Why? Vaguely because Armenia historically had close ties to the West due to their overwhelming Christian population dating back over a millennia. Didn’t know Armenians were mostly Christian? Me either. Ever wonder why the four quarters of Jerusalem are: Jewish, Muslim, Christian, and Armenian? Well now we know. In addition, they were thought to be too friendly with Russia whom the Turks were constantly at odds with. It didn’t hurt that the Ottoman Empire had also signed a secret alliance with Germany in 1914 which once again put them at odds with the Russians. But in all honesty, it just seems like the Arab empire wanted an excuse to cleanse one of the only large Christian populations in the area (Armenia is landlocked and surrounded on three of its sides by Turkey, Iran, and Azerbaijan). In any event, this lead to the Armenian Diaspora which continues to this day.

Diasporas can have strange effects on cuisine. When a people are forced to move, their food culture is one of the few things they can easily take with them. This can often strengthen the reliance on a shared culinary community to hold on to their identity. Another side effect is that the new area they are in may not have the same resources as where they left. One example would be chicken-fried steak in the Texas. This is the adaptation of German wiener schnitzel but using the available beef instead of pork or veal that would have traditionally been used. I wanted to find a dish that really represented Armenian food.

I made a three part meal as it was pretty simple and easy to assemble. The first part was the main course, a tomato based lamb dish that had a really nice sweet flavor. The starting base of green peppers and onions really brought out the meatiness of the lamb (beef would also work).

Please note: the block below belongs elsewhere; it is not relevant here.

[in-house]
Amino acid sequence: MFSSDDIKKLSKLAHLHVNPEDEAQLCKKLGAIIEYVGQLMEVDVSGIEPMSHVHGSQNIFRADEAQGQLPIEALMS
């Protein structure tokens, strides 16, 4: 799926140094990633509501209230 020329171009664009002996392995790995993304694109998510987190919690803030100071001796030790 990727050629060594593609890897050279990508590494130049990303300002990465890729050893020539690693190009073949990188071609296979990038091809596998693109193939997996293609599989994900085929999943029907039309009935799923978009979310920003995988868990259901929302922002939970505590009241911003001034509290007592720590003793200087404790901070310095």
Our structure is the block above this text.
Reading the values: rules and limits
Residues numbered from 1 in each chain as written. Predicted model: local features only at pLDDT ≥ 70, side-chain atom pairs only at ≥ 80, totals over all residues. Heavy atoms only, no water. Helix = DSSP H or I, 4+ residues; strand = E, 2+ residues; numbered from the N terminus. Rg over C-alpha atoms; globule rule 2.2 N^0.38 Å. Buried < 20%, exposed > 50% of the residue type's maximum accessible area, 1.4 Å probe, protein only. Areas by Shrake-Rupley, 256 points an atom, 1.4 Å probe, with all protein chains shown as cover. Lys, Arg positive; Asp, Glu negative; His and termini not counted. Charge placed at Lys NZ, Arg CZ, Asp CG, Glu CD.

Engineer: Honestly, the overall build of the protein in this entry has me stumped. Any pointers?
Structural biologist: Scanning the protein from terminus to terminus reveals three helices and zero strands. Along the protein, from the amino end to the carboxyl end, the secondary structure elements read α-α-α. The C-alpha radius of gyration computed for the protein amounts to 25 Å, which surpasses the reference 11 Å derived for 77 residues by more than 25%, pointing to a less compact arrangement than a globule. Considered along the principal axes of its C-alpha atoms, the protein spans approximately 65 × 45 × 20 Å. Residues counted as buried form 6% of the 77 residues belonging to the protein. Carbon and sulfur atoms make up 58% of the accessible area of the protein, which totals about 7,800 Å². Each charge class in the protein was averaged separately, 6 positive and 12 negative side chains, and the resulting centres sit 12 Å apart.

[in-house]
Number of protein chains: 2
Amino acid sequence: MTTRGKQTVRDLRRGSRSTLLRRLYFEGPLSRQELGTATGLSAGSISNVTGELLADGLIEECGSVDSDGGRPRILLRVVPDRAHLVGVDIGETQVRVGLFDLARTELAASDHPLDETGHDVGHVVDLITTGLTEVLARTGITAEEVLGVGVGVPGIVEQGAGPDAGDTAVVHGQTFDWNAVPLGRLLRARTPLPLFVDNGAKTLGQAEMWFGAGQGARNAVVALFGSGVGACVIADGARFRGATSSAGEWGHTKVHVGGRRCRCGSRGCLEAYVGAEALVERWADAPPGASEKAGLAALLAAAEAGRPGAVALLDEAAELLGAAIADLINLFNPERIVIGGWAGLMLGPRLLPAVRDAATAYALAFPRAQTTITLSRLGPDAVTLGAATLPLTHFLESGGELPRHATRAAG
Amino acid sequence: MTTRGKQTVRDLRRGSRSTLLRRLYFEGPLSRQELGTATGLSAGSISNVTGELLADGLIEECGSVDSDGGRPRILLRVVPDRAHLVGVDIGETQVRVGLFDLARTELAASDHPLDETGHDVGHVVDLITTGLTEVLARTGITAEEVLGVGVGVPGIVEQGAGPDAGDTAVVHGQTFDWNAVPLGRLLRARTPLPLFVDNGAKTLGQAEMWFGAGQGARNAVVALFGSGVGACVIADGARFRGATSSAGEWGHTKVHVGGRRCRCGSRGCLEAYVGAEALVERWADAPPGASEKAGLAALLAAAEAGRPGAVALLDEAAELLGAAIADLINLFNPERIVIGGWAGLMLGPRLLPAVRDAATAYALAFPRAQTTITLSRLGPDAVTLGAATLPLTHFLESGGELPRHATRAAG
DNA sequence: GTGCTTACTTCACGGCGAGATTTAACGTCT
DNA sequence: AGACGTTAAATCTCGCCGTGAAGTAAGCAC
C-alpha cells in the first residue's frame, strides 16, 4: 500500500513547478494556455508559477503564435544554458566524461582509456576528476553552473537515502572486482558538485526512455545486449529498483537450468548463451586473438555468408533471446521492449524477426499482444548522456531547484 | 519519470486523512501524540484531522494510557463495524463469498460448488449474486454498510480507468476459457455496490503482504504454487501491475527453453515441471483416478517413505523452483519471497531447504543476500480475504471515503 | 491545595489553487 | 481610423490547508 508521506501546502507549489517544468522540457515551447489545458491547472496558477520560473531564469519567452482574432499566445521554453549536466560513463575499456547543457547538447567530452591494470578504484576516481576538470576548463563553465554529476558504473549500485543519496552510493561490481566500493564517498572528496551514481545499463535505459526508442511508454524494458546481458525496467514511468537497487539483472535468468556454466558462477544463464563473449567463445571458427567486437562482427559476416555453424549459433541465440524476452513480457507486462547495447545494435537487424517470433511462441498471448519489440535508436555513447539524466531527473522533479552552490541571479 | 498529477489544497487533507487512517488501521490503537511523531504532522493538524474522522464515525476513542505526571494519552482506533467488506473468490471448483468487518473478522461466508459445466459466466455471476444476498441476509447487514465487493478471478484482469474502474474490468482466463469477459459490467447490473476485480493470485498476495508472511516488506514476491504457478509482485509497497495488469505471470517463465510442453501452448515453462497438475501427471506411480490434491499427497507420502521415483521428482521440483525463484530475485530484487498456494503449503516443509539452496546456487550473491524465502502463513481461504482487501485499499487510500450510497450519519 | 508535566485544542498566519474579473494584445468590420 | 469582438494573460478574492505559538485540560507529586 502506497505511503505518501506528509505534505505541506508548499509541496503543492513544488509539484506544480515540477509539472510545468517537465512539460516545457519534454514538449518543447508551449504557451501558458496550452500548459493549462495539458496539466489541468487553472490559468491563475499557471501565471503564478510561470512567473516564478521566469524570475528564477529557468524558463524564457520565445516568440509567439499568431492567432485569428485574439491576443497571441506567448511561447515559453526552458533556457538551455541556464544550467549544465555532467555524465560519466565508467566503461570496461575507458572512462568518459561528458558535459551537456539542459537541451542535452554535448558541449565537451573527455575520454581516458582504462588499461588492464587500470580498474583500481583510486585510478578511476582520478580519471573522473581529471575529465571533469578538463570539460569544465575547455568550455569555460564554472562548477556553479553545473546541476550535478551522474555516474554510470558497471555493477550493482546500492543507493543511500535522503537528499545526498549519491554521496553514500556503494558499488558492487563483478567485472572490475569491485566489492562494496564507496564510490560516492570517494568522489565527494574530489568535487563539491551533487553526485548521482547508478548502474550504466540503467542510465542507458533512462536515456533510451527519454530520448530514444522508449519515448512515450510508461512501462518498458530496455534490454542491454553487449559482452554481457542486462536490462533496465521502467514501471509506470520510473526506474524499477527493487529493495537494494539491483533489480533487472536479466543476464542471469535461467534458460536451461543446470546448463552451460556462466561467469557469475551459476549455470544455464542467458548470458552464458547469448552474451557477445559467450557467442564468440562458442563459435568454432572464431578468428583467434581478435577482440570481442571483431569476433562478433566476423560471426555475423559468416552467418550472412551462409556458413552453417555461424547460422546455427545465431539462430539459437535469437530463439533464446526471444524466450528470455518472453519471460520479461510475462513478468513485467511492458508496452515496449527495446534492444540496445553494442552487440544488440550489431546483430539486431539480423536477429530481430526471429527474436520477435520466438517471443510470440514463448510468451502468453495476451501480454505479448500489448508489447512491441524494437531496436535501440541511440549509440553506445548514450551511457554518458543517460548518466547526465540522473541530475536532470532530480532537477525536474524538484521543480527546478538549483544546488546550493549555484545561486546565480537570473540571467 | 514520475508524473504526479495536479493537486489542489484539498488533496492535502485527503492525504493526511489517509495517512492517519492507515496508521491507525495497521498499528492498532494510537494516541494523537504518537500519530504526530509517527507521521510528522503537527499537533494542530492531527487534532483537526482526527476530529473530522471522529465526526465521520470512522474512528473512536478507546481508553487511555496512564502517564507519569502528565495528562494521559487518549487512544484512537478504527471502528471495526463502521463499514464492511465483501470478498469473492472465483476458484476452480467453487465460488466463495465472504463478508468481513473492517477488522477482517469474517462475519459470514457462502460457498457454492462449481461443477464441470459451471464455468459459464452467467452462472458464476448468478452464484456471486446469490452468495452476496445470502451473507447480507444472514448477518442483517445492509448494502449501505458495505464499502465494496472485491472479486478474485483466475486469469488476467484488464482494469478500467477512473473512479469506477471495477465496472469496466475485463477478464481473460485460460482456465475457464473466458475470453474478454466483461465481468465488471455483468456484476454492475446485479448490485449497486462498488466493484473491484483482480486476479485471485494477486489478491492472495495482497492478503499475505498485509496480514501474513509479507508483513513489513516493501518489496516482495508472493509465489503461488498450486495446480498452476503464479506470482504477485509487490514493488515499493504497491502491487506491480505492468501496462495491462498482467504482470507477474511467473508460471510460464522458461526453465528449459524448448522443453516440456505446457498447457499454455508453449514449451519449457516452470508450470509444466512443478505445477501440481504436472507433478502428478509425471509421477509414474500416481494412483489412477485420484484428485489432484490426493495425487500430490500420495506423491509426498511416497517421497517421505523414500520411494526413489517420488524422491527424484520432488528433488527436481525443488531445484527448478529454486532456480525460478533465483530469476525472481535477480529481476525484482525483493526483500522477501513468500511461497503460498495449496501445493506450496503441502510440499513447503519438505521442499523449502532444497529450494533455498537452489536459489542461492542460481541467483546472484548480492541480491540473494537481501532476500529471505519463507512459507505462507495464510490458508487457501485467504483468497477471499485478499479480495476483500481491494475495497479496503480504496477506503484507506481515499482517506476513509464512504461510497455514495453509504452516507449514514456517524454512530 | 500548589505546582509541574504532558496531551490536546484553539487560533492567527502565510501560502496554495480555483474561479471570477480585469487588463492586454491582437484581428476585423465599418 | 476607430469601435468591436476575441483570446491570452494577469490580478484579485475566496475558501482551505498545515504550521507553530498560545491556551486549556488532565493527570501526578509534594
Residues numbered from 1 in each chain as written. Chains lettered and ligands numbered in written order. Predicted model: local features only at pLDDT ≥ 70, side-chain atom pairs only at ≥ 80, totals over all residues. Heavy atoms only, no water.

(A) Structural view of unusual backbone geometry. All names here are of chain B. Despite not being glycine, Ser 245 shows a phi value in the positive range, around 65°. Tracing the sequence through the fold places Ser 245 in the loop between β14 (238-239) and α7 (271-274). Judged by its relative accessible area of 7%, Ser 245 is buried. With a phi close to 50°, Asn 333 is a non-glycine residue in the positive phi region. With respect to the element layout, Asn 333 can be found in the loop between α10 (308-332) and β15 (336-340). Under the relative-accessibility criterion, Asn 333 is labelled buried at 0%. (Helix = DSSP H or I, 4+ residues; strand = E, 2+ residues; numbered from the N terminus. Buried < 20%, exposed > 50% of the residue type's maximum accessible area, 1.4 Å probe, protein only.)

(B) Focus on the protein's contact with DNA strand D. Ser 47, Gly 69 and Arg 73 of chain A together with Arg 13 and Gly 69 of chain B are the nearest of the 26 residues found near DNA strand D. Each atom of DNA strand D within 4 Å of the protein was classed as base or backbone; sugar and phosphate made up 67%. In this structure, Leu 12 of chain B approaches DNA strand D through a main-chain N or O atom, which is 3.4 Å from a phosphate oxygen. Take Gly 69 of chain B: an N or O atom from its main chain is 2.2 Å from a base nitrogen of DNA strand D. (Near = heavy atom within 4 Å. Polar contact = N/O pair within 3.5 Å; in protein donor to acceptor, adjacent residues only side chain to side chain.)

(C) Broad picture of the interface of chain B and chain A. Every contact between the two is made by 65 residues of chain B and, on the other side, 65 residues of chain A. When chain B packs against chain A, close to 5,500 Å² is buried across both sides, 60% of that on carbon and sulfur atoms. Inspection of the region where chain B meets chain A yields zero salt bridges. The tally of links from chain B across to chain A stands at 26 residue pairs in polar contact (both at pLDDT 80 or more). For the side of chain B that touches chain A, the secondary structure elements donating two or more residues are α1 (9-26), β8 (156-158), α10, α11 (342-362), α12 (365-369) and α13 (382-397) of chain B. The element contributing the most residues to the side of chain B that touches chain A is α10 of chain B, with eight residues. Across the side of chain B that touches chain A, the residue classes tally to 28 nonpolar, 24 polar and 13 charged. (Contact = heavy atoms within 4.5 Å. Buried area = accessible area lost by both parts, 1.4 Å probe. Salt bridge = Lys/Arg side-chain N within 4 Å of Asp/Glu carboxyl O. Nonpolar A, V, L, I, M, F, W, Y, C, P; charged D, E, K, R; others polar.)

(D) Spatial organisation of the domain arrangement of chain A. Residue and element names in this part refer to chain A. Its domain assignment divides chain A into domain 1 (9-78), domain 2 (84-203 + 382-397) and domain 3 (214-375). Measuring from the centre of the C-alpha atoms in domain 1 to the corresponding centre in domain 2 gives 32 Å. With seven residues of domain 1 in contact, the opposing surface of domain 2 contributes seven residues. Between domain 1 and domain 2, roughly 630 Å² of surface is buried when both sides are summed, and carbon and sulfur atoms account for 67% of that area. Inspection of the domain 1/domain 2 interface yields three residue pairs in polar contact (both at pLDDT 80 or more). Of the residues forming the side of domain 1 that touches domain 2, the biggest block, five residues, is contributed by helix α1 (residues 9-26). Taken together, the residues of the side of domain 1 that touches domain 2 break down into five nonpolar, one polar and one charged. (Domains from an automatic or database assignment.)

One side I did was a basic mashed eggplant. This turned out well but was a little bland on its own. When mixed with the sauce from the lamb however, it took on new life and was very delicious. To finish I made what amounted to a zucchini quiche with sharp cheddar cheese. This was very savory and I kept having to remind myself it wasn’t a spinach quiche, but zucchini with its own unique flavor. The only thing I would change is making sure I got all the seeds of the zucchini (it was freshly grown, not from the grocery which meant the seeds were larger and heartier). Overall this was a nice trio of flavors and textures, and maybe more importantly I learned something about world history I had no idea even existed.

Next stop…the old prison yard, Australia…(I promise it won’t be as depressing!)



Mashed eggplant with meat (PATLIJAN/SEMPOOG HUNKAR BAYENDI )

Serves: 4

1 lb. cubed lamb (or beef)
2 large onions
2 tbsp. butter
8 oz. tomato sauce
½ green pepper (diced)
2 med. eggplants (firm and deep purple) – save for second part of recipe
1 tsp. salt
dash of red pepper
1 tbsp. wine
½ tsp. oregano
½ tsp. basil


Brown meat in butter, add onions and green pepper, saute about three minutes. Add tomato sauce along with three-quarters cup hot water and all remaining ingredients (except wine). Cover and cook about one-half hour or until meat is tender. Add wine about fifteen minutes before done. Wash eggplants, pierce with a fork in several places, place in a shallow pan and bake in a 350F oven about 45 minutes or until soft, turning once during baking process.

When done your baking dish will have liquid in it – drain this liquid. When eggplants have cooled, peel skins. Put peeled eggplants into a large skillet and mash. Add one-half teaspoon salt, dash of red pepper and one-half cup beef stock (I use bouillon). Mix and heat mixture thoroughly.

Place the hot meat mixture in the center of a platter and arrange the eggplant mixture around it.


Zucchini pie (TUTUMOV BOERAG)

1 lb. zucchini, grated (REMEMBER TO REMOVE SEEDS : D )
1 Sm. onion, grated
½ to 3/4 lb. sharp cheese, grated
5 eggs
salt, pepper to taste

After grating zucchini, squeeze until dry. Add onion, cheese, eggs, salt and pepper.

Grease 9″ pie plate. Fill pie plate with mixture and cook 30-45 minutes in 350F oven or until brown. Insert knife. If it comes out clean, it is done.